East Hawaii News

Calls Renewed for Halt of TMT Project

June 23, 2015, 3:52 PM HST
* Updated June 23, 4:02 PM
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Construction on the Thirty Meter Telescope project will resume Wednesday with continued resistance from those who hold Mauna Kea sacred.

According to an Associated Press report, approximately 20 people are already camped out near the TMT construction site. Some told the media outlet that they are “bracing to be arrested” when work on the project starts up again.

On April 2, 31 people were arrested for blocking attempts for TMT crews to reach the construction site. Those arrests ignited the debate, both locally and globally, on the divide between protecting Mauna Kea, its natural resources, and cultural significance, and the booming interest in astronomy, a field that promises to bring money and jobs into the local economy and aims to make Hawai’i a leader in the field.

Those 31 people, known as the “Mauna Kea 31” or “Koakuamauna,” are once again calling for an end to the TMT project, citing the Hawaiian term “Ho’oponopono.”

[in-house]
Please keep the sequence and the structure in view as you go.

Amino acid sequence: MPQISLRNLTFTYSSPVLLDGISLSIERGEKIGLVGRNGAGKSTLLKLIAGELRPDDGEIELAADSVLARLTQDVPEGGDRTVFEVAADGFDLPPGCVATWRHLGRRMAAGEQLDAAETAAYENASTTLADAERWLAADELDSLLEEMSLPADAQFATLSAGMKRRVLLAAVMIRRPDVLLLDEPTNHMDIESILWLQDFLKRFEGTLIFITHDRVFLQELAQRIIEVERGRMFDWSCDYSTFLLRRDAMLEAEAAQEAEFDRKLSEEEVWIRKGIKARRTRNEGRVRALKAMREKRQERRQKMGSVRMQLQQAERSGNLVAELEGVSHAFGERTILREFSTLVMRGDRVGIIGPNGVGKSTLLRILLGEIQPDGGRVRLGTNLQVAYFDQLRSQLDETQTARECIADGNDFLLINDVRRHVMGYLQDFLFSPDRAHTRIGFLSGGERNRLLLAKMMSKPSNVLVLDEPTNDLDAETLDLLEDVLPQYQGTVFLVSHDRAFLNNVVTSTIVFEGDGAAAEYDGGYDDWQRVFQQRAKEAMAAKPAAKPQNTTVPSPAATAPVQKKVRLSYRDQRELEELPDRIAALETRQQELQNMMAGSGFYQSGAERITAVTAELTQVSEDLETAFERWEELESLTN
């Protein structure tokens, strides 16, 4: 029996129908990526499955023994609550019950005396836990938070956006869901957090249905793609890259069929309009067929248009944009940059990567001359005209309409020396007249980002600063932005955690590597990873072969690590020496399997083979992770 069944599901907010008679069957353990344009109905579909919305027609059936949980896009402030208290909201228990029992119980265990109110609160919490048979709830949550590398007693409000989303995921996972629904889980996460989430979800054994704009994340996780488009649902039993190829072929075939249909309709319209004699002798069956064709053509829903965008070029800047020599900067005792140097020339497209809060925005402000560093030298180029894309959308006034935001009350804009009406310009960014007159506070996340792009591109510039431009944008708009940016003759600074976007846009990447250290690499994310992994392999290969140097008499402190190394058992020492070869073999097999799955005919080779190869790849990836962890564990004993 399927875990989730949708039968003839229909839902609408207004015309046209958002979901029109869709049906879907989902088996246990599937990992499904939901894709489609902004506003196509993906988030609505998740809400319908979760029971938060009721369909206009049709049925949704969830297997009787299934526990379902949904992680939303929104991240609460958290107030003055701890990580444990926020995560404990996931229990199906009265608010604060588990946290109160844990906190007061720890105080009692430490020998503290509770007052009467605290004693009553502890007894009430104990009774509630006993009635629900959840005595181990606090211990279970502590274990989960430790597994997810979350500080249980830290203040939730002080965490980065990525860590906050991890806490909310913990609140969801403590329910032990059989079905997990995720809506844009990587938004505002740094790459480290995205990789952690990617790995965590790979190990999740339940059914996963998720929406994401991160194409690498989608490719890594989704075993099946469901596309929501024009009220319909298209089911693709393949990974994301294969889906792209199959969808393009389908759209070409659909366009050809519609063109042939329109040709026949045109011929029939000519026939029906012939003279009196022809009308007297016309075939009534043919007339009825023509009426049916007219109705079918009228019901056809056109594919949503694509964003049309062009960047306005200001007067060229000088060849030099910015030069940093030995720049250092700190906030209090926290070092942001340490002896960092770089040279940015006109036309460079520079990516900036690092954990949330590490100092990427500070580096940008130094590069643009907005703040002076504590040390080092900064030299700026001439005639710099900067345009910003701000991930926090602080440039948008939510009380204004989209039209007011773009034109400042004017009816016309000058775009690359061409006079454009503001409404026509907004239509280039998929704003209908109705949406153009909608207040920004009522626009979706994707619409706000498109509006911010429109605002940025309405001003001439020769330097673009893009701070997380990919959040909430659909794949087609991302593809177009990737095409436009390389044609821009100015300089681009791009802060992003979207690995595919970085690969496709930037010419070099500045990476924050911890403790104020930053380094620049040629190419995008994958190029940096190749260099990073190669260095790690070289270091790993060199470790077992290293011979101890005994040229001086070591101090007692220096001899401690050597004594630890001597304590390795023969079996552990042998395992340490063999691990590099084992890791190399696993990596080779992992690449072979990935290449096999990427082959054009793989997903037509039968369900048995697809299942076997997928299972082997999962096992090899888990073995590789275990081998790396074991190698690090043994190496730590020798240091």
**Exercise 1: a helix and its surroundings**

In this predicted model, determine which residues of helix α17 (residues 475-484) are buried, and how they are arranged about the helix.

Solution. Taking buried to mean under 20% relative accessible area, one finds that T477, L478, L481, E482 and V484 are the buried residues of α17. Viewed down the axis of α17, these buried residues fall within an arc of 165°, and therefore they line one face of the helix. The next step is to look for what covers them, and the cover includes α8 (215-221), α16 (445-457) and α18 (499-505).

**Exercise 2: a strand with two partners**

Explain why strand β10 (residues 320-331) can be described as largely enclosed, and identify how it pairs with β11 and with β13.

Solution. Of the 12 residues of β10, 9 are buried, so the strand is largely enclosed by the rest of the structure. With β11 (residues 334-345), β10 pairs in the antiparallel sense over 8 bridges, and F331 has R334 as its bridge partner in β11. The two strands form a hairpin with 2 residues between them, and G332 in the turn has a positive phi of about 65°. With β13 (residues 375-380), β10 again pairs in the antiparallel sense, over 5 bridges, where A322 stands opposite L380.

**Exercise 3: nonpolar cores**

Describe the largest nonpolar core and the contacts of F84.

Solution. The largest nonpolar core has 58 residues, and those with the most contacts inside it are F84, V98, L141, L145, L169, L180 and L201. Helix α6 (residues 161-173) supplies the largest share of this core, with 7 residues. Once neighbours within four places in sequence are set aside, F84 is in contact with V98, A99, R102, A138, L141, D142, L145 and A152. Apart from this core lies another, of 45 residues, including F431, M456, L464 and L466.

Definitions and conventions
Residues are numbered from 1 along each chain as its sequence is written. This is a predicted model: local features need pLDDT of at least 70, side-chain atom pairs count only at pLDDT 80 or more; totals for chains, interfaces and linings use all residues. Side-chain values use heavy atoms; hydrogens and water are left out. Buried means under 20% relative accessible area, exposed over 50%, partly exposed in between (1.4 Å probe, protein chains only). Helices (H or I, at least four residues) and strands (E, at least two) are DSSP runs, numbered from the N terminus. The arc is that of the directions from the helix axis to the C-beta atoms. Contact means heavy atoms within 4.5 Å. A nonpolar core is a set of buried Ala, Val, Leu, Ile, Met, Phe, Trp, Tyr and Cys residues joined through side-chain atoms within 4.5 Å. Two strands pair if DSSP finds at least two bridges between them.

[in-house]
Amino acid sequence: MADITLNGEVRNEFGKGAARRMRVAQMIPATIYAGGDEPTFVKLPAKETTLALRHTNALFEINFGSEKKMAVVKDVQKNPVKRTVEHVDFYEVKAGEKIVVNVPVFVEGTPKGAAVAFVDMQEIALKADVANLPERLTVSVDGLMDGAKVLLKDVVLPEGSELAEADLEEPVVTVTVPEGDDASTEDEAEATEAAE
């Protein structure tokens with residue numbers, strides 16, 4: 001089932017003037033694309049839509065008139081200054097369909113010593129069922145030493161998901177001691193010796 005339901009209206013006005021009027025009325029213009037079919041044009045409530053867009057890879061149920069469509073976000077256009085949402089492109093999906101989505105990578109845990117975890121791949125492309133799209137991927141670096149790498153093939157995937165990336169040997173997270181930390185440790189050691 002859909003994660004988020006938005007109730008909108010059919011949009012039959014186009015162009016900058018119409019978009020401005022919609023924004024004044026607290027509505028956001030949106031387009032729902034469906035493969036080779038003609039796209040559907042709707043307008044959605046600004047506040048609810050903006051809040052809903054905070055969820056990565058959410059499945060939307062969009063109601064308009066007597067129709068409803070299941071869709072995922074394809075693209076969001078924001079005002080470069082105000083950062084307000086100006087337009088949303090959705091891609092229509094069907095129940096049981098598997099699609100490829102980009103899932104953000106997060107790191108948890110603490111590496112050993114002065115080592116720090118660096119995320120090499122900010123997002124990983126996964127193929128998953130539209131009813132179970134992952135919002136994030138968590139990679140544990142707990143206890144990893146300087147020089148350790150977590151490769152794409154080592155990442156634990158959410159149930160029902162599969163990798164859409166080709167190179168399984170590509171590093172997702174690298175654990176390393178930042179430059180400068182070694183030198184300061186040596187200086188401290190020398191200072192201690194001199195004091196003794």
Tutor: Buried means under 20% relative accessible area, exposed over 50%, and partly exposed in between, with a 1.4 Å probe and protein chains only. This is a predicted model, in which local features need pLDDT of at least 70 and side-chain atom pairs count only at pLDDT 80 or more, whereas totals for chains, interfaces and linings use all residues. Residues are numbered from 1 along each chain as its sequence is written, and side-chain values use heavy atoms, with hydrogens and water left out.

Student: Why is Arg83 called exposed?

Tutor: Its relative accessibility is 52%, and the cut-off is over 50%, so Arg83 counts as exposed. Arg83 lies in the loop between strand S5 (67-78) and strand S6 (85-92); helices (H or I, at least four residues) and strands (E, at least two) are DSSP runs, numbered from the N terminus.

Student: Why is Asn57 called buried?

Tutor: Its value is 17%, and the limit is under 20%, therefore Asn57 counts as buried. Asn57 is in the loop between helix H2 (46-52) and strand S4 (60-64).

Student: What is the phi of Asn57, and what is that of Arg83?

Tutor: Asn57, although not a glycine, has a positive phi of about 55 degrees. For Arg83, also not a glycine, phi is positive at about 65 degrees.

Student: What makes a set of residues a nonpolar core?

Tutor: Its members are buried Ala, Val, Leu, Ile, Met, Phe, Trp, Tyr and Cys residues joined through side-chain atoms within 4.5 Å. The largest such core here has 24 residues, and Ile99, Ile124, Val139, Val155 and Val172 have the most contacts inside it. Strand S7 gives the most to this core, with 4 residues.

“Hoʻoponopono is not a process of mediation or any type of negotiation. It is an honest and strict process and attempt of making right what is wrong,” said Kahoʻokahi Kanuha in a statement by the Koakuamauna group. They are asking leaders from every organization involved, including Governor David Ige, University of Hawai’i at Hilo chancellor Donald Straney, University of Hawai’i president David Lassner, and TMT chairman Henry Yang, to come to a conclusion using this Hawaiian practice instead of going through the courts.

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The call for Ho’oponopono is also being made in the courts. Legal documents show that on May 28, three of the 31 arrested individuals – Jim Albertini, Ronald Fujiyoshi, and Gary Oamilda – filed a motion to seek Ho’oponopono instead of going to trial.

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On June 18, the option was presented to 20 of those Koakuamauna members during a court appearance in Waimea by Judge Barbara Takase. The group of 31 says that two of its members declined to take that option and chose to proceed to a trial.

“It is our sincere hope that all parties involved will see the value in Ho‘oponopono and make the concerted effort to resolve this issue in the most culturally and morally appropriate way,” said Lākea Trask in the group’s statement. They say that if this does not work, court proceedings will resume on Dec. 3.

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